Majority of Americans Say No to Daily Deal Sites
Everyone loves a great deal, right? Coupon for $1.00 off. Free Shipping with $50 purchase. Up to 75% off! Consumers not only eat this stuff up, they demand it. But according to a new survey by Accenture, America isn’t as enamored with daily deal sites.
Their survey, conducted in September 2011, showed that 56% of Americans do not subscribe to a deal site. Even more interesting, 42% said the “do not like anything” about daily deal sites.
Who is favoring the art of the deal? People 18 to 24 and households with earnings of more than $150,000 a year. Accenture’s numbers showed a direct correlation between income and the proportion of consumers who subscribe to at least one deal site.
If you’re out to reach a young, upwardly mobile audience, then there’s more good news. 39% of those who do use daily deal sites, say they’re buying more deals than they did a year ago. 26% admitted that the deal got them to buy something they wouldn’t have purchased otherwise. (Count me in as part of that crowd.)
Most common complaints? 37% said they can’t find deals they want to try and 24% said the deals weren’t local enough.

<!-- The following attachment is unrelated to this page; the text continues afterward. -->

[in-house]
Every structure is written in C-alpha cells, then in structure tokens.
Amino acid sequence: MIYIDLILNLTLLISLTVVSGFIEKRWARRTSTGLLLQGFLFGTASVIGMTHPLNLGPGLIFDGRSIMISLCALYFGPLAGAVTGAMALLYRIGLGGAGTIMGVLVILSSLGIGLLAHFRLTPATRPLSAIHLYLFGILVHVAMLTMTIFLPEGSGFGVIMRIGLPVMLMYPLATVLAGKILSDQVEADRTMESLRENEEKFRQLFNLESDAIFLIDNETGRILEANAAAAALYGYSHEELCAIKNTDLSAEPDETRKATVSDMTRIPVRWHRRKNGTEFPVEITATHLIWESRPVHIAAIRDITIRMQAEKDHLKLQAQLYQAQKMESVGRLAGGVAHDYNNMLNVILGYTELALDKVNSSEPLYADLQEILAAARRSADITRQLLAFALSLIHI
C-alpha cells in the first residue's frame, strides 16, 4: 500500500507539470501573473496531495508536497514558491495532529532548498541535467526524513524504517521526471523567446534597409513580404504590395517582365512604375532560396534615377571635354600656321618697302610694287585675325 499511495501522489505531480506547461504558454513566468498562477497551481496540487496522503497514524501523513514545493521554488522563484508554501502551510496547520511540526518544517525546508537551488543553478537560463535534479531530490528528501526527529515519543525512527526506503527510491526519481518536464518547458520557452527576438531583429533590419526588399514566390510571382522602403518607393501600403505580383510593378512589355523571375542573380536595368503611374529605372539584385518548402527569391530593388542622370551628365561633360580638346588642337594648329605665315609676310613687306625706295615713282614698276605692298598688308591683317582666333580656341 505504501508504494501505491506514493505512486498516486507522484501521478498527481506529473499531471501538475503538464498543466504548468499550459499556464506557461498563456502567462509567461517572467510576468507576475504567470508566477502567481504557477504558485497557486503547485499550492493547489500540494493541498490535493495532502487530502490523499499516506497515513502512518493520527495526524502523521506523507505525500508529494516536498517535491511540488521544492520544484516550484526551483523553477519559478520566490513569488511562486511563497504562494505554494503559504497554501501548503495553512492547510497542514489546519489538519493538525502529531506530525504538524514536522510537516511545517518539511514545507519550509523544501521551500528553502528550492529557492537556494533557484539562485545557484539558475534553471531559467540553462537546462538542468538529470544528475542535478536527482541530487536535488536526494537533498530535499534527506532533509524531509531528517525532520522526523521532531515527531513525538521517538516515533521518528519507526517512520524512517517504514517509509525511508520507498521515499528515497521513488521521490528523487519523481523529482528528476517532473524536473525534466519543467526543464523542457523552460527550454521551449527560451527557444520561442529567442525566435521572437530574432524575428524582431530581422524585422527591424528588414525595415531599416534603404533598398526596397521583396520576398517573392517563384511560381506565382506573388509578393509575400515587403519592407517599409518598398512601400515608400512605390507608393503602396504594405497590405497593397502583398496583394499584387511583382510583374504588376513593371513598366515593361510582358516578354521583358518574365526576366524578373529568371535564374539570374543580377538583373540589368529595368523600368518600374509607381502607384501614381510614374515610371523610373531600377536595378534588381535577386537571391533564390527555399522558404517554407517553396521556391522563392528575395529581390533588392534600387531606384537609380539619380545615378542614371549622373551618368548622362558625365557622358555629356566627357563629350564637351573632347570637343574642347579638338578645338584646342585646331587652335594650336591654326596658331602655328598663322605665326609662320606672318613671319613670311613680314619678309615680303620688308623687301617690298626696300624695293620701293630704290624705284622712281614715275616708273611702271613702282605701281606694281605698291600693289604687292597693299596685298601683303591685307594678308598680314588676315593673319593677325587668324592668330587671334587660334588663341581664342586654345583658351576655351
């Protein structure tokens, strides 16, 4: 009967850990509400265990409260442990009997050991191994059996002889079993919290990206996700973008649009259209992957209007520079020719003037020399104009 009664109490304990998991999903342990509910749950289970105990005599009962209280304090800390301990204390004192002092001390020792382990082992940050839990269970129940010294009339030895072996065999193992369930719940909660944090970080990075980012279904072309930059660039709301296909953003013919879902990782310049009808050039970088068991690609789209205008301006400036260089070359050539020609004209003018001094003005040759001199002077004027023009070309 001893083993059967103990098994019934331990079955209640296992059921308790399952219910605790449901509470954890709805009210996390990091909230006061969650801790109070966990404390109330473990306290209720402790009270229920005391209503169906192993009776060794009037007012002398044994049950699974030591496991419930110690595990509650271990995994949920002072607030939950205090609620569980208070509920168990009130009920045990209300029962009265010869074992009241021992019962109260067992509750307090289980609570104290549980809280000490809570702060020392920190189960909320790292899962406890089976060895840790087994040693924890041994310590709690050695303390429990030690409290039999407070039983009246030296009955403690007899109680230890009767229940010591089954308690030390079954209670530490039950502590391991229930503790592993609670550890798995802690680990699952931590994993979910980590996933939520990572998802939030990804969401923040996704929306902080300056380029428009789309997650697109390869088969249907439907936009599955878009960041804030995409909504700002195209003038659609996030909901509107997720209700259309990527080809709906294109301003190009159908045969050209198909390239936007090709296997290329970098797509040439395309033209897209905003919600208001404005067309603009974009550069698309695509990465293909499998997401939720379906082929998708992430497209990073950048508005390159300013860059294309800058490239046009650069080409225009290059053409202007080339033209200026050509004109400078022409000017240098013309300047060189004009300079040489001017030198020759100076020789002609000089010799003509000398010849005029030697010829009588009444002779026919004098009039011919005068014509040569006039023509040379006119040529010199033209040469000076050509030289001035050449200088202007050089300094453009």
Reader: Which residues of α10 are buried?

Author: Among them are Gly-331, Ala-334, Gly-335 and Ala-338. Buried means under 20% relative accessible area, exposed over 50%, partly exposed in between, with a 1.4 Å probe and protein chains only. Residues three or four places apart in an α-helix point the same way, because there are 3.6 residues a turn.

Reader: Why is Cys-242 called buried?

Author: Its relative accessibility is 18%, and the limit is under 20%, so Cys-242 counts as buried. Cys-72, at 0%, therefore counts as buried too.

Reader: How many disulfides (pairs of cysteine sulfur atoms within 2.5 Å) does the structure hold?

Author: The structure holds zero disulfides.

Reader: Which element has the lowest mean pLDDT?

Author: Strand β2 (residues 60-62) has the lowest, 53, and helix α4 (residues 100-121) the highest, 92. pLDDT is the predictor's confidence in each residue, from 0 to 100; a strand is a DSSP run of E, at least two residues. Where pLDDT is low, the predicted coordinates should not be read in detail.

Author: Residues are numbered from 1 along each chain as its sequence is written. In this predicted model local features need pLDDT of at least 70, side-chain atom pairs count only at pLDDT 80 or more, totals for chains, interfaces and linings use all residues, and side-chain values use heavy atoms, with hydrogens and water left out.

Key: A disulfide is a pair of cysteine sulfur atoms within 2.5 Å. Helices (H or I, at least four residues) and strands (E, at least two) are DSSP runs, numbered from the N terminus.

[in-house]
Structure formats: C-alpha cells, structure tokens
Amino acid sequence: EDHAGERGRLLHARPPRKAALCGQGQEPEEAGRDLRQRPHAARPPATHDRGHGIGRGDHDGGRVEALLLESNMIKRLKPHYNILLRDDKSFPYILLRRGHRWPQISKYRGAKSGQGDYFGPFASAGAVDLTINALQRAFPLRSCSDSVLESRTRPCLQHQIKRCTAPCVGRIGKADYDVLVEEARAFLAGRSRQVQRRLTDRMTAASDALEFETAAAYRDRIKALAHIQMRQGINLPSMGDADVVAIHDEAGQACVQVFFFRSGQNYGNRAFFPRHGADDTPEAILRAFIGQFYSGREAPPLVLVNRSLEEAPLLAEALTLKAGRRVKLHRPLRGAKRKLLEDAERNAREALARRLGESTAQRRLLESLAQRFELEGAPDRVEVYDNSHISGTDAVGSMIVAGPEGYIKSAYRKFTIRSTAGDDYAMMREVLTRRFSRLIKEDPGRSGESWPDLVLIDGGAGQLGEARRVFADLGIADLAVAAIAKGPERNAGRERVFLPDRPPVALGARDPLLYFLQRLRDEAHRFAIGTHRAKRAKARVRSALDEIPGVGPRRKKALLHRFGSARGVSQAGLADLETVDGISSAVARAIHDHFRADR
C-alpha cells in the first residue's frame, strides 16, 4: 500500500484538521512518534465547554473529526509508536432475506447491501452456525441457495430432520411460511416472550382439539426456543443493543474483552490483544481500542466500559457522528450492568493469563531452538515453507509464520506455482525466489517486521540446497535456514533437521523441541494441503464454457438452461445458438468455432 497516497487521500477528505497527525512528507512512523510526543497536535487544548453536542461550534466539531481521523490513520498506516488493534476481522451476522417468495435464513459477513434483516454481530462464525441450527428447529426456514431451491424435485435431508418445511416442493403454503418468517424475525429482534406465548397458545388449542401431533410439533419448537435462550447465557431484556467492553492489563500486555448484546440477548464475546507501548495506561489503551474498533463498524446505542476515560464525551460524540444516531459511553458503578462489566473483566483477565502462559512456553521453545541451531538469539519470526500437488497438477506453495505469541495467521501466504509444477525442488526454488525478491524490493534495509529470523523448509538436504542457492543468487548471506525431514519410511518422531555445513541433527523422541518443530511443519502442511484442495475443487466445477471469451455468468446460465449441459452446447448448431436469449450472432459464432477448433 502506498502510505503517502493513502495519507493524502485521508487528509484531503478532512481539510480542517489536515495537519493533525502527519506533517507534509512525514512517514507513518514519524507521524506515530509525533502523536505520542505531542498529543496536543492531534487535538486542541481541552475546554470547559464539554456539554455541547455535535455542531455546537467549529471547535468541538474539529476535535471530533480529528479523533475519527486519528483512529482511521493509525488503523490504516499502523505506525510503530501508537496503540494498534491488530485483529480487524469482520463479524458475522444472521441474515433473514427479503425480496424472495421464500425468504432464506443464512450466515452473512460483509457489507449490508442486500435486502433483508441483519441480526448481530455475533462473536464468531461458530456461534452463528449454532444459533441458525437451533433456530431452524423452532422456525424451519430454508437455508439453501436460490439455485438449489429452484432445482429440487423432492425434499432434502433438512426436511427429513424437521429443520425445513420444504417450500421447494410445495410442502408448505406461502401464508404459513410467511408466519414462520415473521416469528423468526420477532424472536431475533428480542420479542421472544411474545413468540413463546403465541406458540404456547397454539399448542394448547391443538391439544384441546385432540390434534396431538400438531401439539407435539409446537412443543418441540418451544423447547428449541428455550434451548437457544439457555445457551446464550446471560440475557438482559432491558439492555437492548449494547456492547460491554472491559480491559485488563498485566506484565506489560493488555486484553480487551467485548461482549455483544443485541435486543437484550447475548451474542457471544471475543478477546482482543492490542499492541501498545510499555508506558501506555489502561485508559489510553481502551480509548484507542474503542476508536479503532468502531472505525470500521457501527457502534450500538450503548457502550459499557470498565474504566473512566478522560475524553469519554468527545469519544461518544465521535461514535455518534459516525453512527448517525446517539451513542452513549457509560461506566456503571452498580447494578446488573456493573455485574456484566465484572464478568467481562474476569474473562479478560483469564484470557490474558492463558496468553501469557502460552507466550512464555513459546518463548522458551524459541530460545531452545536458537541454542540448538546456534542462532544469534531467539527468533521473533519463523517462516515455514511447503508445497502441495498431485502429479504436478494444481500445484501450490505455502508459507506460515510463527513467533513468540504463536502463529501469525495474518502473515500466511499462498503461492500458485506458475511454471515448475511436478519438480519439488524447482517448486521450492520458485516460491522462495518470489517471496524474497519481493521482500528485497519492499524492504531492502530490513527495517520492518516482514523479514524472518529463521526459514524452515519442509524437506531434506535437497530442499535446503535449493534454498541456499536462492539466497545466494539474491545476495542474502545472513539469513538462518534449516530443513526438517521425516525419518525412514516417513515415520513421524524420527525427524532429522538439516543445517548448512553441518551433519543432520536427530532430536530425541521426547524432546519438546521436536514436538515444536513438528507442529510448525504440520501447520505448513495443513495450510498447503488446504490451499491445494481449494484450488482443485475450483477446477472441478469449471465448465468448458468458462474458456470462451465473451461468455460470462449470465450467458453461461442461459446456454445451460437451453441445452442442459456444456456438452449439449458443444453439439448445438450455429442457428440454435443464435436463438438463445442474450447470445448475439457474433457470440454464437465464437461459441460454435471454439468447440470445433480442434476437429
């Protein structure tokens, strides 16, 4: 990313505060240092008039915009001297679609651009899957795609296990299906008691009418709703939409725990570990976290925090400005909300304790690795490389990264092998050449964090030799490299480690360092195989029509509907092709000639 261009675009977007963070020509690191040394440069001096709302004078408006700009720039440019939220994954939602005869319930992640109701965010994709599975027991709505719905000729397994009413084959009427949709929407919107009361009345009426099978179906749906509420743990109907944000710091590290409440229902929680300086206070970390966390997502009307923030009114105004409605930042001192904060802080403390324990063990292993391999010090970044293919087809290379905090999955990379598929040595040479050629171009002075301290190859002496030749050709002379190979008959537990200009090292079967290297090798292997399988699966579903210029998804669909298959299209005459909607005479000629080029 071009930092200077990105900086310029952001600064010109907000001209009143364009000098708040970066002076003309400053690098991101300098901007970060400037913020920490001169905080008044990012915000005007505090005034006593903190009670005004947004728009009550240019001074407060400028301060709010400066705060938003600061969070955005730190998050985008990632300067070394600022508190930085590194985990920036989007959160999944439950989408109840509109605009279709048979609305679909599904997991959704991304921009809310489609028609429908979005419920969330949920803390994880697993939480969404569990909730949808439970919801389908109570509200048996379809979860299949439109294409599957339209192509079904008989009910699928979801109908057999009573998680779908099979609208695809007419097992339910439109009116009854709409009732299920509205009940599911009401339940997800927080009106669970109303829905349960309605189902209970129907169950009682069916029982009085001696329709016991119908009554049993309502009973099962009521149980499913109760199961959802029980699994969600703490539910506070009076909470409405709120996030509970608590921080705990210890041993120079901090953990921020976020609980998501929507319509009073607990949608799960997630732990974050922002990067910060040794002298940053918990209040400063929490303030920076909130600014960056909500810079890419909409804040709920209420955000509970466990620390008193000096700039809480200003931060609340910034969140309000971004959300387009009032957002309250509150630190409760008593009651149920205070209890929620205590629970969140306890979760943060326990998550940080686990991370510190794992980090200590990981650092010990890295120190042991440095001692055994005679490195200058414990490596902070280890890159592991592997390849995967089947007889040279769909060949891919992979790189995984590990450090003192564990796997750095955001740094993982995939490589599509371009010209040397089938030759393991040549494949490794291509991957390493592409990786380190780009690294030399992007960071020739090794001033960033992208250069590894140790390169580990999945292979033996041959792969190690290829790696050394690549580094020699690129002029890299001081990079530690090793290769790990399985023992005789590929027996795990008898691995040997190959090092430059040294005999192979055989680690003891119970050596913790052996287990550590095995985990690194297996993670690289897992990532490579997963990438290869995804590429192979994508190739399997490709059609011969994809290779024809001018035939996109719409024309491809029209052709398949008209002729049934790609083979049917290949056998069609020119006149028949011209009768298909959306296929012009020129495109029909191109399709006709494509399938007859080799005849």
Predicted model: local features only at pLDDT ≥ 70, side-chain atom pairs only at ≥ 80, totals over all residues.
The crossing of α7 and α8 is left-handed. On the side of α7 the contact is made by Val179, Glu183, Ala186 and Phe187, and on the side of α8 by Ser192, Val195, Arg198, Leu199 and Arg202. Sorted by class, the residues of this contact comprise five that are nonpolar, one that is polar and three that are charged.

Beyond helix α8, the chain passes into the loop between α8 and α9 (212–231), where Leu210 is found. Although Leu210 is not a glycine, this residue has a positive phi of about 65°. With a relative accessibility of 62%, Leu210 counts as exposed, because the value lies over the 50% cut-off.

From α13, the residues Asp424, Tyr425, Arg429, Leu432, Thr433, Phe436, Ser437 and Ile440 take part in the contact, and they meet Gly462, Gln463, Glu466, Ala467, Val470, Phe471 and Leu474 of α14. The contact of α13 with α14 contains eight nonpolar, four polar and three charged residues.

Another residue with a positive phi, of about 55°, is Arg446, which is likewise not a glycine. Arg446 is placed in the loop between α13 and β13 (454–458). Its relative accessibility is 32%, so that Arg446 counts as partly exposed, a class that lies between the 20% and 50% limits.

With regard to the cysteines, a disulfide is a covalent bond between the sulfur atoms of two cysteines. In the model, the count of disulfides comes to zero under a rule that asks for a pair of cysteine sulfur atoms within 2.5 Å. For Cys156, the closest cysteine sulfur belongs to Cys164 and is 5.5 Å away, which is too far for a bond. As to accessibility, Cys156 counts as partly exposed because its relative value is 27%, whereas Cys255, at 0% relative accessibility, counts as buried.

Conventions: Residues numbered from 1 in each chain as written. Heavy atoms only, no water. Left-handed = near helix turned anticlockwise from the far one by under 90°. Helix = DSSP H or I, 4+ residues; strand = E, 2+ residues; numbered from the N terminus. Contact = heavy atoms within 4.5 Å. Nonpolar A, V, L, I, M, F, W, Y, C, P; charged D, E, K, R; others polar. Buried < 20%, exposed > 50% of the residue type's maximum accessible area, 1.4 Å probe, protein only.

Tom Jacobson, senior executive at Accenture had this to say,
“Businesses need to strike a balance between providing customers, particularly in the upper-income ranges, with new experiences they would not normally try, while not providing too many esoteric deals that serve only small portions of the customer base.”
On a more general note, Accenture’s Pricing Shopping Survey shows that even though folks are concerned about rising costs, they aren’t willing to change their shopping behaviors just yet.
For example, 40% reported an increase in coupon usage for food shopping, but only 20% say they’ve switched to cheaper products and only 30% have gone from grocery store to discount chain.
That trend won’t continue, if prices continue to rise. 70% of consumers were ready to drop their favorite brand name in exchange for the knock off if prices rose more than 10%.
While we have to eat, we don’t need new clothes. The survey found that markdowns are motivating, with 30% of buyers saying they’d wait for a 50% price cut before buying an item they want.
“People are nervous about prices going up, and it shows in what and how they buy. Our survey suggests most shoppers are focusing on the basics, and that is unlikely to change for many in the short-term – even if gas prices fall.”
How will all of this effect holiday shopping? Personally, I’ll be using those daily deal sites to get high-price gifts for cheap, cheap, cheap.